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My island is shrinking: Everyone please welcome Tacoma to the Recession

February 12, 2009

Maybe I just don’t know very many people, but very few that I know have actually lost jobs, though many are experiencing reduced hours at their jobs, or reduced business if self-employed. And visible signs of sinister economic rumblings are increasingly hard to miss.

It’s a little like an earthquake. You feel a perturbation, but everything around you stays put. The epicenter is far away. Then another rumble, this time knocking a few things off the shelves. But the epicenter is still far off; the shift is just a bit stronger. At some point, things fly, glass explodes, and destruction lets loose. Who cares where the epicenter is; its devastation area is where you are. It’s everywhere.

You study maps and realize there’s no place to move. Fault lines lace the entire surface of your acceptable world.

I have lived in Tacoma for a long time, and I have always thought the city resilient, resourceful–scrappy, in an in-your-face way. We have Frank Russell, Bank of New York, and commercial fishermen. Uncertain futures are a common bond among people of all walks of life these days.

The City of Tacoma recently announced a job opening for a meter reader: one open position. The job pays $17.76-$23.56/hour, a wage thought to be pretty good these days. The announcement brought 1,400 applicants, of which 1,300 were invited to show up to take a qualifying test. 807 people lined up in Tacoma Dome to take the test. A few will be granted interviews; one will be hired. He or she will think himself or herself the luckiest person in the world.  (TNT)

It beats the 1,200 people who lined up for one retail clerk position at the new Denver Kohl’s store. The lucky winner there got a $7.00/hour, part-time job. Most of the applicants for these jobs had been gainfully employed days, weeks, or months before the huge hiring event.

I couldn’t help wondering how the City of Tacoma, or Kohl’s, or any other employers could conscionably rent the Dome or a hotel ballroom, for the ultimate purpose of hiring one employee. But this is just one more thing to which Americans are growing accustomed.

Pierce County, which is seated in Tacoma, leads Washington state in the rate of home foreclosures. 1 in 393 homes is now in some phase of foreclosure. (TNT) Spiffy Canterwood, an upscale Gig Harbor neighborhood, first came to my attention when a client of my husband’s bought up some foreclosures there. So far, I’ve seen no foreclosure signs in our 1950s subdivision. I suppose we and our neighbors are more cautious than image-conscious. But we ought not to boast in our cautiousness, or in anything else. Like viruses, recessions can mutate. No one has guaranteed immunity.

Local people are not optimistic that the Stimulus Bill will help the local economy: 69% said they thought it would not, while 31% said they thought it would.  (TNT)  This tells me that people are enduring hardship without encouragement.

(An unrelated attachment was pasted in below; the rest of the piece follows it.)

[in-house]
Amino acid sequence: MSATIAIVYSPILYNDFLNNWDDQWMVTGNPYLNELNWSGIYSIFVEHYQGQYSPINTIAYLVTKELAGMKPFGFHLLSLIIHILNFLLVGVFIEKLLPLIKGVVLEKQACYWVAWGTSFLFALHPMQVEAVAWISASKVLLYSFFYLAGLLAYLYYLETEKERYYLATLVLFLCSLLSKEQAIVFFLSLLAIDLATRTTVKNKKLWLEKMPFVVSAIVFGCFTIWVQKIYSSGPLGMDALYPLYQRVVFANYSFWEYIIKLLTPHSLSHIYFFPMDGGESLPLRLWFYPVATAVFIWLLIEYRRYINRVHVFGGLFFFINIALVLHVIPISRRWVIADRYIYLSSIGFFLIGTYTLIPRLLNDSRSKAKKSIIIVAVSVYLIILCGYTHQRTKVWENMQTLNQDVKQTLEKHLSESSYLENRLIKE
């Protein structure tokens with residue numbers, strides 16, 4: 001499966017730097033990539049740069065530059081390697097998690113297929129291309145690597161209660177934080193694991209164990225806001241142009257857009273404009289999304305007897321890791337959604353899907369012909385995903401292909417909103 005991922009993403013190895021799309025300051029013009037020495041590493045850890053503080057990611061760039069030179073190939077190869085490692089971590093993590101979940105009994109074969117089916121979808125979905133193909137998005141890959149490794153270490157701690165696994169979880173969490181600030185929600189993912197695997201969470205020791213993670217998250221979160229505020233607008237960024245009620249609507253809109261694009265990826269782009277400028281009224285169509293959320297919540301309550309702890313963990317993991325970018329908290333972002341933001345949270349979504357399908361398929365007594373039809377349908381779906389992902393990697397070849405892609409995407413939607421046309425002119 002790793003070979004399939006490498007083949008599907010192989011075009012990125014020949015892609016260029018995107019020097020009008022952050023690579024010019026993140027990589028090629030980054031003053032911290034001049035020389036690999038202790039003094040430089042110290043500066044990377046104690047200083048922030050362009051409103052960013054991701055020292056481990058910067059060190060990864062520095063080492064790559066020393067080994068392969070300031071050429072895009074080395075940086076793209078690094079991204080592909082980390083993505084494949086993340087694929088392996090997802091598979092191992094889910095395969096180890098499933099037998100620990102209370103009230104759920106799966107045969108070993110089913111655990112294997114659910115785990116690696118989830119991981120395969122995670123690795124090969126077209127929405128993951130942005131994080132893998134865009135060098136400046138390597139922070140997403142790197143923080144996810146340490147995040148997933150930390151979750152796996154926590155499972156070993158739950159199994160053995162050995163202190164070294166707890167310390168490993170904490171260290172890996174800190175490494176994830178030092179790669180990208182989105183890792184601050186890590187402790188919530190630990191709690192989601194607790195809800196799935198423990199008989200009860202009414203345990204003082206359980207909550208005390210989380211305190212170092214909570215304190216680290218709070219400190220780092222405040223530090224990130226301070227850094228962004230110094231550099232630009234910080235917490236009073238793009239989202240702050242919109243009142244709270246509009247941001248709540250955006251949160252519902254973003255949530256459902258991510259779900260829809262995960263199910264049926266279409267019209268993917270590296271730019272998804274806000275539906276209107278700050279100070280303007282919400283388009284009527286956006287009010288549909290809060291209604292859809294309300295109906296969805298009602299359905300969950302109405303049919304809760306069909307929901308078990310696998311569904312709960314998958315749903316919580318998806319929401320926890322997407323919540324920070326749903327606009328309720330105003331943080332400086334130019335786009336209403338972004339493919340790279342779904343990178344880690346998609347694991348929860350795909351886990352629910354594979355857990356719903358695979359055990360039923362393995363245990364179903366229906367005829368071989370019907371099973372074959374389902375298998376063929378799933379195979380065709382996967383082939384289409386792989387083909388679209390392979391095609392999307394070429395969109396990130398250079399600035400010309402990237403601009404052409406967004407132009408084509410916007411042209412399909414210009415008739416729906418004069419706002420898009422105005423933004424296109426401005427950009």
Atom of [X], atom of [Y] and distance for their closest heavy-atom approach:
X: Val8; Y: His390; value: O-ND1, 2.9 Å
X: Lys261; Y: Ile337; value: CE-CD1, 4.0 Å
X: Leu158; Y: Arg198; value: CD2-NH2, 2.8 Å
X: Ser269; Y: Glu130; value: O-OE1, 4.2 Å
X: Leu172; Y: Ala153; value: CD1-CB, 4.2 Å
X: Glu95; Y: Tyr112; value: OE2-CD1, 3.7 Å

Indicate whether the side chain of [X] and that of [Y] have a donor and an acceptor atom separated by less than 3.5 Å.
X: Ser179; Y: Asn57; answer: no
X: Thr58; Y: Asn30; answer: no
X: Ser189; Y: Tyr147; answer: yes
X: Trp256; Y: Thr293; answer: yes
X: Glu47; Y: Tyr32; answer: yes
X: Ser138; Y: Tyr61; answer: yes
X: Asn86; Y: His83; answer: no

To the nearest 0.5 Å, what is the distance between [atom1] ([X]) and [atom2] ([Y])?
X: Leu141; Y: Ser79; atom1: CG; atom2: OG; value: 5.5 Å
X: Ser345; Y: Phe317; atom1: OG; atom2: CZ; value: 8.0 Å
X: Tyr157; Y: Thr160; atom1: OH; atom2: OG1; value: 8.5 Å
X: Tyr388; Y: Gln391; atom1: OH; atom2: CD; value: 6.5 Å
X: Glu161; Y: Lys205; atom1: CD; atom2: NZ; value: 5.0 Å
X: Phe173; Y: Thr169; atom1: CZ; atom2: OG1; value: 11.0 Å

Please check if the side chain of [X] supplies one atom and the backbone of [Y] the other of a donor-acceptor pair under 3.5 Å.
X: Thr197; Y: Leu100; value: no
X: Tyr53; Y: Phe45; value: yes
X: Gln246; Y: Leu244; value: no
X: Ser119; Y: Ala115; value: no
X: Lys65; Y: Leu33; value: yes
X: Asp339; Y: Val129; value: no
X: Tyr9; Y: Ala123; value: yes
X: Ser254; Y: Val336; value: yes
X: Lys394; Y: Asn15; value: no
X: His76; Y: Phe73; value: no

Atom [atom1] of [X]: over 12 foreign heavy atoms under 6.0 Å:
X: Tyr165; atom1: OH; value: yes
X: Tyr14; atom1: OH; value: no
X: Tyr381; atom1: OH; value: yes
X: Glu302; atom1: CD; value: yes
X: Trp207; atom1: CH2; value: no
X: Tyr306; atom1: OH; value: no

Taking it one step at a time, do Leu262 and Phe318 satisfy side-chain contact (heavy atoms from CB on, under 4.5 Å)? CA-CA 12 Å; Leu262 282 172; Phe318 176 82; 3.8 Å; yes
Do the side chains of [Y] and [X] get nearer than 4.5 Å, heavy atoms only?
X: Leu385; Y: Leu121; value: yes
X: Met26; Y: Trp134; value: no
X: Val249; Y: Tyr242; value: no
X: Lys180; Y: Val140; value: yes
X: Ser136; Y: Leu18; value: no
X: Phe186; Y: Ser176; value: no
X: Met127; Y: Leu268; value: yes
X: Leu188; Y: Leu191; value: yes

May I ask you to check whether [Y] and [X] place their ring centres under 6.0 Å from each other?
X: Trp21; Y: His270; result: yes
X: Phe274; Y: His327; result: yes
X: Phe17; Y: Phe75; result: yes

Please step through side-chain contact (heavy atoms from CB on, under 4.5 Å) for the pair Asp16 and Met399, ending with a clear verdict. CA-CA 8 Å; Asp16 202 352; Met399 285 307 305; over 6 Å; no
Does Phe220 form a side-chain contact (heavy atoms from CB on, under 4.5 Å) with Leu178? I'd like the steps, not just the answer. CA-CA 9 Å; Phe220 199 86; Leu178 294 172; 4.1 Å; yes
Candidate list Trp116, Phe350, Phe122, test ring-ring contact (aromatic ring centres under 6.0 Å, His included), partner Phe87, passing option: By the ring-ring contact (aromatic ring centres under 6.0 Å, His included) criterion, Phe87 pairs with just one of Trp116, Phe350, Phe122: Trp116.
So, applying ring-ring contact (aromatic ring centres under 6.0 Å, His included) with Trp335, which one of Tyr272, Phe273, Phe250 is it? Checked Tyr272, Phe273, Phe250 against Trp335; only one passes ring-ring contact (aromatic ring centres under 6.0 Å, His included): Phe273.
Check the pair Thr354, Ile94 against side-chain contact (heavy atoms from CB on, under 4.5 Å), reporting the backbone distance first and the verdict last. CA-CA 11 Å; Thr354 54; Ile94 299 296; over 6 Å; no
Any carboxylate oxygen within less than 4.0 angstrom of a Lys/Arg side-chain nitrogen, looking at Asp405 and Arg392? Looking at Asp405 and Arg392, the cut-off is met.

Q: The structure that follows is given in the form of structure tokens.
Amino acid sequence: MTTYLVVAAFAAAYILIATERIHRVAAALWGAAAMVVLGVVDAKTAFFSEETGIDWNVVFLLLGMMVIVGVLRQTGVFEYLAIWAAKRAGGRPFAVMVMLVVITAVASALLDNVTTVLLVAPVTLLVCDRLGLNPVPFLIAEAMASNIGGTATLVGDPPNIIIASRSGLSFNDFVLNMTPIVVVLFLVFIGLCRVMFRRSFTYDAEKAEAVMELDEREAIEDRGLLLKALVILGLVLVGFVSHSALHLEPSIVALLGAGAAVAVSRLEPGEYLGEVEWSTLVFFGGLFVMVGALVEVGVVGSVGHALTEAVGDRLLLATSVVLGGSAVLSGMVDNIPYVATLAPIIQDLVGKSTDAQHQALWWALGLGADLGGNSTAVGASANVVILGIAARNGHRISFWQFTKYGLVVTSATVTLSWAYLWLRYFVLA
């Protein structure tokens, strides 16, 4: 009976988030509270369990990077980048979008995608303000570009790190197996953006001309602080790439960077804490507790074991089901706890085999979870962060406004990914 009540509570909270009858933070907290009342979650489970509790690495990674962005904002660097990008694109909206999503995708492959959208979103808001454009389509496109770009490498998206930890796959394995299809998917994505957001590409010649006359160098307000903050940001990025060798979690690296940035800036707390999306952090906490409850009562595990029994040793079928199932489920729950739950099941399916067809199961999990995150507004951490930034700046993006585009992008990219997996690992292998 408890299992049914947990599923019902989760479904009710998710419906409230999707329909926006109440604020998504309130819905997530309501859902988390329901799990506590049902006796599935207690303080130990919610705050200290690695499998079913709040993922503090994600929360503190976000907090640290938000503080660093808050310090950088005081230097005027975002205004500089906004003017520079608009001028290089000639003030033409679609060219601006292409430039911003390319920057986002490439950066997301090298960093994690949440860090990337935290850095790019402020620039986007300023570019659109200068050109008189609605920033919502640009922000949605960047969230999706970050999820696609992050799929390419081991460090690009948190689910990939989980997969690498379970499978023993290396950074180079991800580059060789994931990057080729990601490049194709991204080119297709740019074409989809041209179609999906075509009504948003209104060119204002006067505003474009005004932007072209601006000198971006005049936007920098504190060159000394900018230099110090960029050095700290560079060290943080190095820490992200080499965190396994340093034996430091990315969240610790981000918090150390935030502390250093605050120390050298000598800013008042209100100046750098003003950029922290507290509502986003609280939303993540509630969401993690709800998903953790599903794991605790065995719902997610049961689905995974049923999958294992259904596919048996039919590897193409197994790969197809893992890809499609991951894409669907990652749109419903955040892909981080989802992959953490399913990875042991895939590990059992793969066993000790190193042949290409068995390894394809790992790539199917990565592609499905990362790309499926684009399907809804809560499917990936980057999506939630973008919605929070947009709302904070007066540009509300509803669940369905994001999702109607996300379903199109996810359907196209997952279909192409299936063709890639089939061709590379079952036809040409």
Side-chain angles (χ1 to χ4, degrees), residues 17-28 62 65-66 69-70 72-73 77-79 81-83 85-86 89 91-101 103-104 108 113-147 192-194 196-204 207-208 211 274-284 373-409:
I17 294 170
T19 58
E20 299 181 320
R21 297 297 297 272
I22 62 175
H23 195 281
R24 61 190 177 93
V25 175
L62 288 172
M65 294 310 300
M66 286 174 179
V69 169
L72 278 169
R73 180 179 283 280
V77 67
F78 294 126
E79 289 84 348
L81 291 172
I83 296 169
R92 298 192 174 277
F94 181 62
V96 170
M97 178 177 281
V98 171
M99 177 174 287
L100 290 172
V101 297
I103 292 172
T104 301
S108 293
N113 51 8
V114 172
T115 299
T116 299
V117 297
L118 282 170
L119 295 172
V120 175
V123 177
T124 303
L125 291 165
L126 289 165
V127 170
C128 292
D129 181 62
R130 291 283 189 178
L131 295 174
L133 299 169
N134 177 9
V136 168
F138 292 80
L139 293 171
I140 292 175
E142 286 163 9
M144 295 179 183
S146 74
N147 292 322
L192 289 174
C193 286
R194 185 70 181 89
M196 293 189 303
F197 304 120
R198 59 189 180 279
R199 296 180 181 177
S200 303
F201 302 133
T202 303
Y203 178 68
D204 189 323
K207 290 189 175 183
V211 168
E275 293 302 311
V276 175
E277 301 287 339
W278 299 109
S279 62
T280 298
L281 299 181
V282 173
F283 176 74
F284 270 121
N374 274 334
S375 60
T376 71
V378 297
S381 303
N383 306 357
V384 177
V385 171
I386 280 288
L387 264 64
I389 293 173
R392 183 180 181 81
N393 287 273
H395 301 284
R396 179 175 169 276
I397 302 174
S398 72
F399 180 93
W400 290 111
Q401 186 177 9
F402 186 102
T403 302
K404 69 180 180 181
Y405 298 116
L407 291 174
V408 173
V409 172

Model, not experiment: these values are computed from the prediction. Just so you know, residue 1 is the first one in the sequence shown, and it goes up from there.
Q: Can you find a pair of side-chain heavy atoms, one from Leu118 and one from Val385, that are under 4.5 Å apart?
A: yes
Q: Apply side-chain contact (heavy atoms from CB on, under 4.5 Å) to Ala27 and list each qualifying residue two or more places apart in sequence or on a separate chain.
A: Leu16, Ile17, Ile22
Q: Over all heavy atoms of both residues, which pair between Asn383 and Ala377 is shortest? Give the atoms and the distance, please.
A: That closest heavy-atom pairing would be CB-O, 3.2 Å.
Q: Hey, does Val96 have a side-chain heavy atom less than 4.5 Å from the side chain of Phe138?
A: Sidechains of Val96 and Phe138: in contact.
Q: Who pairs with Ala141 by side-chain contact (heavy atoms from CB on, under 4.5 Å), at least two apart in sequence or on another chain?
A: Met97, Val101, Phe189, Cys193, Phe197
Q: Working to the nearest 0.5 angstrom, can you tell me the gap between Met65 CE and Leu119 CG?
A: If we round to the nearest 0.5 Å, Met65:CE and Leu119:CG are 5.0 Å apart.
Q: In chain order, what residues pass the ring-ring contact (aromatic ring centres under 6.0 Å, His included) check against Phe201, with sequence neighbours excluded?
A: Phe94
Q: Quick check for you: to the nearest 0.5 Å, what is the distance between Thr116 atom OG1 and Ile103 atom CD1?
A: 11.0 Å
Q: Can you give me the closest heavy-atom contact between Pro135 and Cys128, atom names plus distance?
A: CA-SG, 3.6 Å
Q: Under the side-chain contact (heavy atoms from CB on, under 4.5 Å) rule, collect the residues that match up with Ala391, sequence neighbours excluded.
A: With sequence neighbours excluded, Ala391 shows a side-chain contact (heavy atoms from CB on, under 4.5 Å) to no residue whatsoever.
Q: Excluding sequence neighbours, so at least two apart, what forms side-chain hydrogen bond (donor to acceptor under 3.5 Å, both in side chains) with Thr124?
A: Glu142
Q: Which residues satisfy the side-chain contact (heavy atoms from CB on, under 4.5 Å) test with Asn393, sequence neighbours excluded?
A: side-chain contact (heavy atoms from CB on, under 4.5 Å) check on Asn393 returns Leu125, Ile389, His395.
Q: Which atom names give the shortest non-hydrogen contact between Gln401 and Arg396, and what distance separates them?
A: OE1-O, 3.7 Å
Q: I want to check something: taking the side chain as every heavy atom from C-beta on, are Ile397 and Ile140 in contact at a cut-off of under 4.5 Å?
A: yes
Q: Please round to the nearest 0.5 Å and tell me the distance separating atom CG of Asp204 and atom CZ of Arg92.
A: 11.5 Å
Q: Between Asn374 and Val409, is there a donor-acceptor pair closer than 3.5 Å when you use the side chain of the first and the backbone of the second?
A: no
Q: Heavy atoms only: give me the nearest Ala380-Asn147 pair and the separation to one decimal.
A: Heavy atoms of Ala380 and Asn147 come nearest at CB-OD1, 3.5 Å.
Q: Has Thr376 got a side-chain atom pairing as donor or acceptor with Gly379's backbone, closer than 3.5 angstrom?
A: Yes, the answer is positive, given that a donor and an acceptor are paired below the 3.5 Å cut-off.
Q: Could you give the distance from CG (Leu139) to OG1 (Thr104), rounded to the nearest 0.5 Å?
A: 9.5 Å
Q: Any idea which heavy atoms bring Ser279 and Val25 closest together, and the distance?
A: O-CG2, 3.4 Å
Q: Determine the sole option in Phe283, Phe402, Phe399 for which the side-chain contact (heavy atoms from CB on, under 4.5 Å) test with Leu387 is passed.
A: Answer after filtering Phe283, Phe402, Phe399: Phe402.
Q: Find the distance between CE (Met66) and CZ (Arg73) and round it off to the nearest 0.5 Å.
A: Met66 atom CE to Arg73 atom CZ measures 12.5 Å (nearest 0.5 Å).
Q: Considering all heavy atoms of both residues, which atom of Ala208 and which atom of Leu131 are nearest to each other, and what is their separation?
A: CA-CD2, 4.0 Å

Tacoma food banks are serving about 1,000 more people each month. (TNT)  By now, camaraderie should have overtaken embarrassment among those who never expected to stand in line in the snow to get in the door of a food bank. But again, encouragement is slow to take hold. Doubt prevails.

And, of course, we see waste: stupid, horrible, unforgivable crimes against the tax base, over and over in the news.  The Senate version of the Stimulus Bill budgeted (can we call it that?) $300 million for a federal fleet of little golf-cart-like objects of the clean, green variety; the House version calls for $600 million. Neither version specifies what the little widget cars will be used for, or who will have the use of them. Only the funding is specified.

The health reform measures buried in the Spend-to-Stimulate  Bill also contain funding for all sorts of unspecified administrative advances. When considering the convenience of digitalized records, be assured that “patient privacy” means that everyone but the patient gets to see the patient’s records. Who knows or cares whether the information on which treatment will be based–if treatment is approved–was correctly entered? That determination is for another stimulus allocation to fund.

I rail to my husband that we are like the Jews in Babylon. For the very most part, Americans pay their taxes faithfully. The head of the Treasury Department, who oversees the Internal Revenue Service, doesn’t quite understand his taxes, or forgot, or something. Americans are expected to underwrite their ruling rich, and our rulers even expect us to sing mirthful songs. But I don’t hear the singing, except a warble here and there from an occasional plant in the crowd.

Tacoma is a quintessentially American city. We’re resilient, resourceful, and cautiously optimistic. We don’t boast math scores above the national average here, but we know that trillions and trillions and trillions is more than we have, or ever will have, or ever should be required to have.

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